Matthew O’Brien spells out the possible consequences of not raising the debt ceiling. He addresses the idea that the Treasury can prioritize debt payments, noting that even if it works it will impose severe economic costs:

Even in the relatively happy case where the Treasury can prioritize payments and we avoid an outright debt default, there would still be immediate austerity of about 4 percent of GDP on an annualized basis [bold mine-DL]. That much austerity would maim the recovery and send the economy back into recession if it lasted for very long.

This amounts to giving shock therapy to someone just recovering from a long and serious illness. It would inflict some needless, avoidable economic harm on the country as a whole, and it could cause much more depending on how long this charade lasts. Then again, that is the best-case scenario. If the Treasury isn’t able to prioritize debt payments perfectly, things could be much worse. I don’t have confidence that a government department, no matter how well-prepared, could do what the Treasury would be asked to do without any glitches or missed payments, and I doubt that anyone promoting this idea has that much confidence in the flawless competence of the government to do something it has never attempted before. The risk of what could happen even if things went perfectly is substantial, and there is nothing that the House GOP could get that would justify taking that risk.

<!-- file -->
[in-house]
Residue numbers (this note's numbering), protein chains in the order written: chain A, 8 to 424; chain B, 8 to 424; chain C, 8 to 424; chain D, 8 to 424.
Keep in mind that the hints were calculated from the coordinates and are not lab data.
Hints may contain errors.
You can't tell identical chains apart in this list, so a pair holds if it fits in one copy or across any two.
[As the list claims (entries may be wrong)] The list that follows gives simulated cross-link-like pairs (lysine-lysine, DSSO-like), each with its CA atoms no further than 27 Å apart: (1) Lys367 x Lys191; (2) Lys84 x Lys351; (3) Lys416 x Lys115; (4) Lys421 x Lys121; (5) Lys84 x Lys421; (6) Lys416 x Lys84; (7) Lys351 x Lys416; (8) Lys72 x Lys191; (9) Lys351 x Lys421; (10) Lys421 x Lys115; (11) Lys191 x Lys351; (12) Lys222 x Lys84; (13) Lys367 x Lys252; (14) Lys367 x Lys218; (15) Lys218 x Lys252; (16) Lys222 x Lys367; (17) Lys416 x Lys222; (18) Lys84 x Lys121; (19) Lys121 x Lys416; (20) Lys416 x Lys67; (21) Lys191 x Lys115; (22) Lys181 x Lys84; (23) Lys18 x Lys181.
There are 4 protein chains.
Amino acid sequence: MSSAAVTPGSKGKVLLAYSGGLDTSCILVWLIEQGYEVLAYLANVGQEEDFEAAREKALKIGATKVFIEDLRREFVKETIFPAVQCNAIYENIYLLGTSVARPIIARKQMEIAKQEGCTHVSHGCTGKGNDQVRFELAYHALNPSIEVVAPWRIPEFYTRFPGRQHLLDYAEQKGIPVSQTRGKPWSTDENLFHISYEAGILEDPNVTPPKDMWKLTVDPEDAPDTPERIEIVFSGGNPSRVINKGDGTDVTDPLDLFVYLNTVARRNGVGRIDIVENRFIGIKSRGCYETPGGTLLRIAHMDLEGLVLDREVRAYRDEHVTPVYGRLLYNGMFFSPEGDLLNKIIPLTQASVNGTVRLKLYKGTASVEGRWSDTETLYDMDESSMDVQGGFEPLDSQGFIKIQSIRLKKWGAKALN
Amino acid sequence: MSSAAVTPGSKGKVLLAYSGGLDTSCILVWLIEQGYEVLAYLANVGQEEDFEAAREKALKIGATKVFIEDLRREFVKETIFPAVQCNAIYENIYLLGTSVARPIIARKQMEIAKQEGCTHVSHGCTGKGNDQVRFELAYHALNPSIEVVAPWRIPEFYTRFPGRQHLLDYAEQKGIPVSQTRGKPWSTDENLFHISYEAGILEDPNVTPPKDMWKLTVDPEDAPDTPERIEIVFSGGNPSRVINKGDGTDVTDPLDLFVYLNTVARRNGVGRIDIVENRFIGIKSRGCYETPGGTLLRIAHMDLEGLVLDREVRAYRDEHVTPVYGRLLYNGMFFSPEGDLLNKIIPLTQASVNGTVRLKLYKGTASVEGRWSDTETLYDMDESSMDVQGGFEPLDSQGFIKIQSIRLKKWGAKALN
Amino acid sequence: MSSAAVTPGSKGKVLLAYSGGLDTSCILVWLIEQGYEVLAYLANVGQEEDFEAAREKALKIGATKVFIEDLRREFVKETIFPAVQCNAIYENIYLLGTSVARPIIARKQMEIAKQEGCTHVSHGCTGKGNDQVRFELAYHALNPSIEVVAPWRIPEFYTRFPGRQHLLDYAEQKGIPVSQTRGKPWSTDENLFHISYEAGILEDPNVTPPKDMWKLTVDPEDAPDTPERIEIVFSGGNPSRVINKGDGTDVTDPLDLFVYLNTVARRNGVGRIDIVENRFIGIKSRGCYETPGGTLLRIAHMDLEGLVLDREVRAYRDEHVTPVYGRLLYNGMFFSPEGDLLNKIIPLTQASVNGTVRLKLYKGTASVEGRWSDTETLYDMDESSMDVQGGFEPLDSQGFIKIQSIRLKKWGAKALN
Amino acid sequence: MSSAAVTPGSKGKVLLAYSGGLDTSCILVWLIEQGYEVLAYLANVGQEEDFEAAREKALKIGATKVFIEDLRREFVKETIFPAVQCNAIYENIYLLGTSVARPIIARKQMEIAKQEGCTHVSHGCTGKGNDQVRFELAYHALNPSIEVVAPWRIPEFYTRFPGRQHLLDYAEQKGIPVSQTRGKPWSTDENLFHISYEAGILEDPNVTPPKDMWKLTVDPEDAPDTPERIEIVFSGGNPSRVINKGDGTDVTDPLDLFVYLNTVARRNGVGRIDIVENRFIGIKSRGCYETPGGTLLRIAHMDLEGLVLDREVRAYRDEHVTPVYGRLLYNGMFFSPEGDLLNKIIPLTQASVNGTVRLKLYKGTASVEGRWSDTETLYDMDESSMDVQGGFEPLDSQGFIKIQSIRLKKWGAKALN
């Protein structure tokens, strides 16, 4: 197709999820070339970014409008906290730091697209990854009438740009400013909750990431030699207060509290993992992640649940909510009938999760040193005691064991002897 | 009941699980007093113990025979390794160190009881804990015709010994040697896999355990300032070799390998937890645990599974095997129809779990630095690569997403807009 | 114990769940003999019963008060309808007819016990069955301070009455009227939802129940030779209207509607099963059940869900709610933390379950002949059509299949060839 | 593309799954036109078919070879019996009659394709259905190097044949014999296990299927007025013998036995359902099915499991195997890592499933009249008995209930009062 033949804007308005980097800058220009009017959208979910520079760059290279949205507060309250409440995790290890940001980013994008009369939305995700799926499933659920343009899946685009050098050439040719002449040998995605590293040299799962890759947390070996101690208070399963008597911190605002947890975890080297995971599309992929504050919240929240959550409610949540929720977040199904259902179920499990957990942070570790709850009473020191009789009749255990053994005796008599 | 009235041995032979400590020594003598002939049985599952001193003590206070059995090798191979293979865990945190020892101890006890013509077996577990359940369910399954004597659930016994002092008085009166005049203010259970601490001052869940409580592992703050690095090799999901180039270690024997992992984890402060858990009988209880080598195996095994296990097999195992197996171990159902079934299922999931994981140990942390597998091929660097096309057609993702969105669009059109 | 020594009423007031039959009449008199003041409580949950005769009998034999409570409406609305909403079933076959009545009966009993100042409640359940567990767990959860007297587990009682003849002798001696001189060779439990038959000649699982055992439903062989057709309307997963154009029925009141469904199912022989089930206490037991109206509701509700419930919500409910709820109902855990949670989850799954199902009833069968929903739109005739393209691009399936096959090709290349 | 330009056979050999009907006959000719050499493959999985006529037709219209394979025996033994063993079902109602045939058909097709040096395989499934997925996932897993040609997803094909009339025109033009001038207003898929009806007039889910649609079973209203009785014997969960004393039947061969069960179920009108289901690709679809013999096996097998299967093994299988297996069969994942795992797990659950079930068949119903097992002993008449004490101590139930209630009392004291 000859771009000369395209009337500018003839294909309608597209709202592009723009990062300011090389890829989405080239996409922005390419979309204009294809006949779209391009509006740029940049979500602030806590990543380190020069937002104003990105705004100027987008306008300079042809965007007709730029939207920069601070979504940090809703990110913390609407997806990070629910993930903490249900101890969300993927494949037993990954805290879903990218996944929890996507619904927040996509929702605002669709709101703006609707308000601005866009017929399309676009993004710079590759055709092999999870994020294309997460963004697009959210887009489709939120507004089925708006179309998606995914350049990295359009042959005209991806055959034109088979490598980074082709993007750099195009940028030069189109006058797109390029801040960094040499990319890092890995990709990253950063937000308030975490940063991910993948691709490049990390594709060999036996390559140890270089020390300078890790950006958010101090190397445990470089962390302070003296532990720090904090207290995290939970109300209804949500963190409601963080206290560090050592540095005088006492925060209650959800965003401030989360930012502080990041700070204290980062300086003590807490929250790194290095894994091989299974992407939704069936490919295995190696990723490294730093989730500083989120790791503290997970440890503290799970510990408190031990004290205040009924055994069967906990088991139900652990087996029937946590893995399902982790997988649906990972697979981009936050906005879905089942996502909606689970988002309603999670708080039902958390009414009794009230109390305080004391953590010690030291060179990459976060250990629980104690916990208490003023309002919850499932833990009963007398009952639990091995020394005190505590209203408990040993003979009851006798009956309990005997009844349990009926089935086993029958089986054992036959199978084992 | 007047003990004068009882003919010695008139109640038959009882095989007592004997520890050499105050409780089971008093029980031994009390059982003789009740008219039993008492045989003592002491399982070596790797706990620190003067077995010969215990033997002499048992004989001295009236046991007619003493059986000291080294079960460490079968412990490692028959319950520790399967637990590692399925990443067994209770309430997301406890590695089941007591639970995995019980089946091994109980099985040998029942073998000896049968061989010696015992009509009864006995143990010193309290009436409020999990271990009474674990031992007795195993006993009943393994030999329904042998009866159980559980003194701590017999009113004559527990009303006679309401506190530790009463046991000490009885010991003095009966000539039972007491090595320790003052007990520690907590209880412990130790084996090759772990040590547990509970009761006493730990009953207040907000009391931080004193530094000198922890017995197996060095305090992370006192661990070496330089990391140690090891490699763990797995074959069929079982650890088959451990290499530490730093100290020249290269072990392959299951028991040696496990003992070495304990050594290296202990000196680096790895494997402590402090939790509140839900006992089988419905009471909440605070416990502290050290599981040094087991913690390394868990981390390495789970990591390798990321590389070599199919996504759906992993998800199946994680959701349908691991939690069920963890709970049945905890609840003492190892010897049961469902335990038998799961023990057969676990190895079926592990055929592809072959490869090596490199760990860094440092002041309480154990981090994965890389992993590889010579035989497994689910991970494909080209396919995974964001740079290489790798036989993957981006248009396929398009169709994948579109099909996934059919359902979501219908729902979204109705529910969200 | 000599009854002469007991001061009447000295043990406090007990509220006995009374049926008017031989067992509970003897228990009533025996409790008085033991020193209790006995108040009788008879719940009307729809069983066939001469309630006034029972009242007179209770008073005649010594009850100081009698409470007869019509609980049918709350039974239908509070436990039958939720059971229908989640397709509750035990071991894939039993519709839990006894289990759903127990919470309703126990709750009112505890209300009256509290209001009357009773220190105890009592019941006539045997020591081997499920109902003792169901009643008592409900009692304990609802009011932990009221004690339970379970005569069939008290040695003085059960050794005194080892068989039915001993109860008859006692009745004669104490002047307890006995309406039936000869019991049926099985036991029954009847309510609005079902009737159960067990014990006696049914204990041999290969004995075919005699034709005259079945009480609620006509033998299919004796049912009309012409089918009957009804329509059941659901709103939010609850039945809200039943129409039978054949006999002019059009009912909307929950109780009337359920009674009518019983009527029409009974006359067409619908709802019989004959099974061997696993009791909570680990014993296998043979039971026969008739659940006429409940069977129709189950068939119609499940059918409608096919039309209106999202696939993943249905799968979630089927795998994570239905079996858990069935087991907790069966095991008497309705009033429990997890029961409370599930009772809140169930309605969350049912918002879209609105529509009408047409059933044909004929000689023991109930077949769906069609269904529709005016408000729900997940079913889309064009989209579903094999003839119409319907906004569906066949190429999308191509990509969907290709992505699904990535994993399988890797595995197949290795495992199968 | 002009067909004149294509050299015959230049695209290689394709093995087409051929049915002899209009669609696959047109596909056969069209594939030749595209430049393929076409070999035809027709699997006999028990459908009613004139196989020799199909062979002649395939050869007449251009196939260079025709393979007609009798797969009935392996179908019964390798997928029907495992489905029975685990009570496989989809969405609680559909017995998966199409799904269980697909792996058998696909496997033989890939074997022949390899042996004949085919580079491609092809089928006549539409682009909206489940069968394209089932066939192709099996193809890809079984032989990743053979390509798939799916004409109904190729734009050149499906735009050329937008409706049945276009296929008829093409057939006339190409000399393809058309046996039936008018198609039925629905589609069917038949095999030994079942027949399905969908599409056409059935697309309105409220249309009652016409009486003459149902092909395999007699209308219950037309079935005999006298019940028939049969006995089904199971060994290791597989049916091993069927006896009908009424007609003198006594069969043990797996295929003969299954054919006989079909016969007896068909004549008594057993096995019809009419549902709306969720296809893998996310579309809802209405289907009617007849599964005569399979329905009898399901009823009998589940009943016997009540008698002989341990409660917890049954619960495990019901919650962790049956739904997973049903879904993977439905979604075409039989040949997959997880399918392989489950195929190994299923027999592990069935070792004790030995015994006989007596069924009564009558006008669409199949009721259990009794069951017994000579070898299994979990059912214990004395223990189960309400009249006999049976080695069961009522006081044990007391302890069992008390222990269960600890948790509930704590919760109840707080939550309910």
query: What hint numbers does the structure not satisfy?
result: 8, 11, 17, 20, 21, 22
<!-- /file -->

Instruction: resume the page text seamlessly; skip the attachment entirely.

O’Brien notes that even perfect execution by the Treasury wouldn’t be enough to guarantee that no debt payments are missed:

But even if the government is completely competent [bold mine-DL], the Treasury could still miss a debt payment. Why? Well, payments and revenues are lumpy. We owe more on some days, and we have more cash come in on some days. More importantly, we owe bondholders more on some days. So the question is whether there could ever be a particular day when we owe more in interest than we have in cash on hand. And there is [bold mine-DL].

So the Republican members of Congress telling the public that they don’t need to worry about the danger of default if the debt ceiling isn’t raised are simply wrong. They are misinformed, and they are misinforming the public. They need to stop, but unfortunately many of the sources that they rely on for their news and analysis are recycling the same bad information.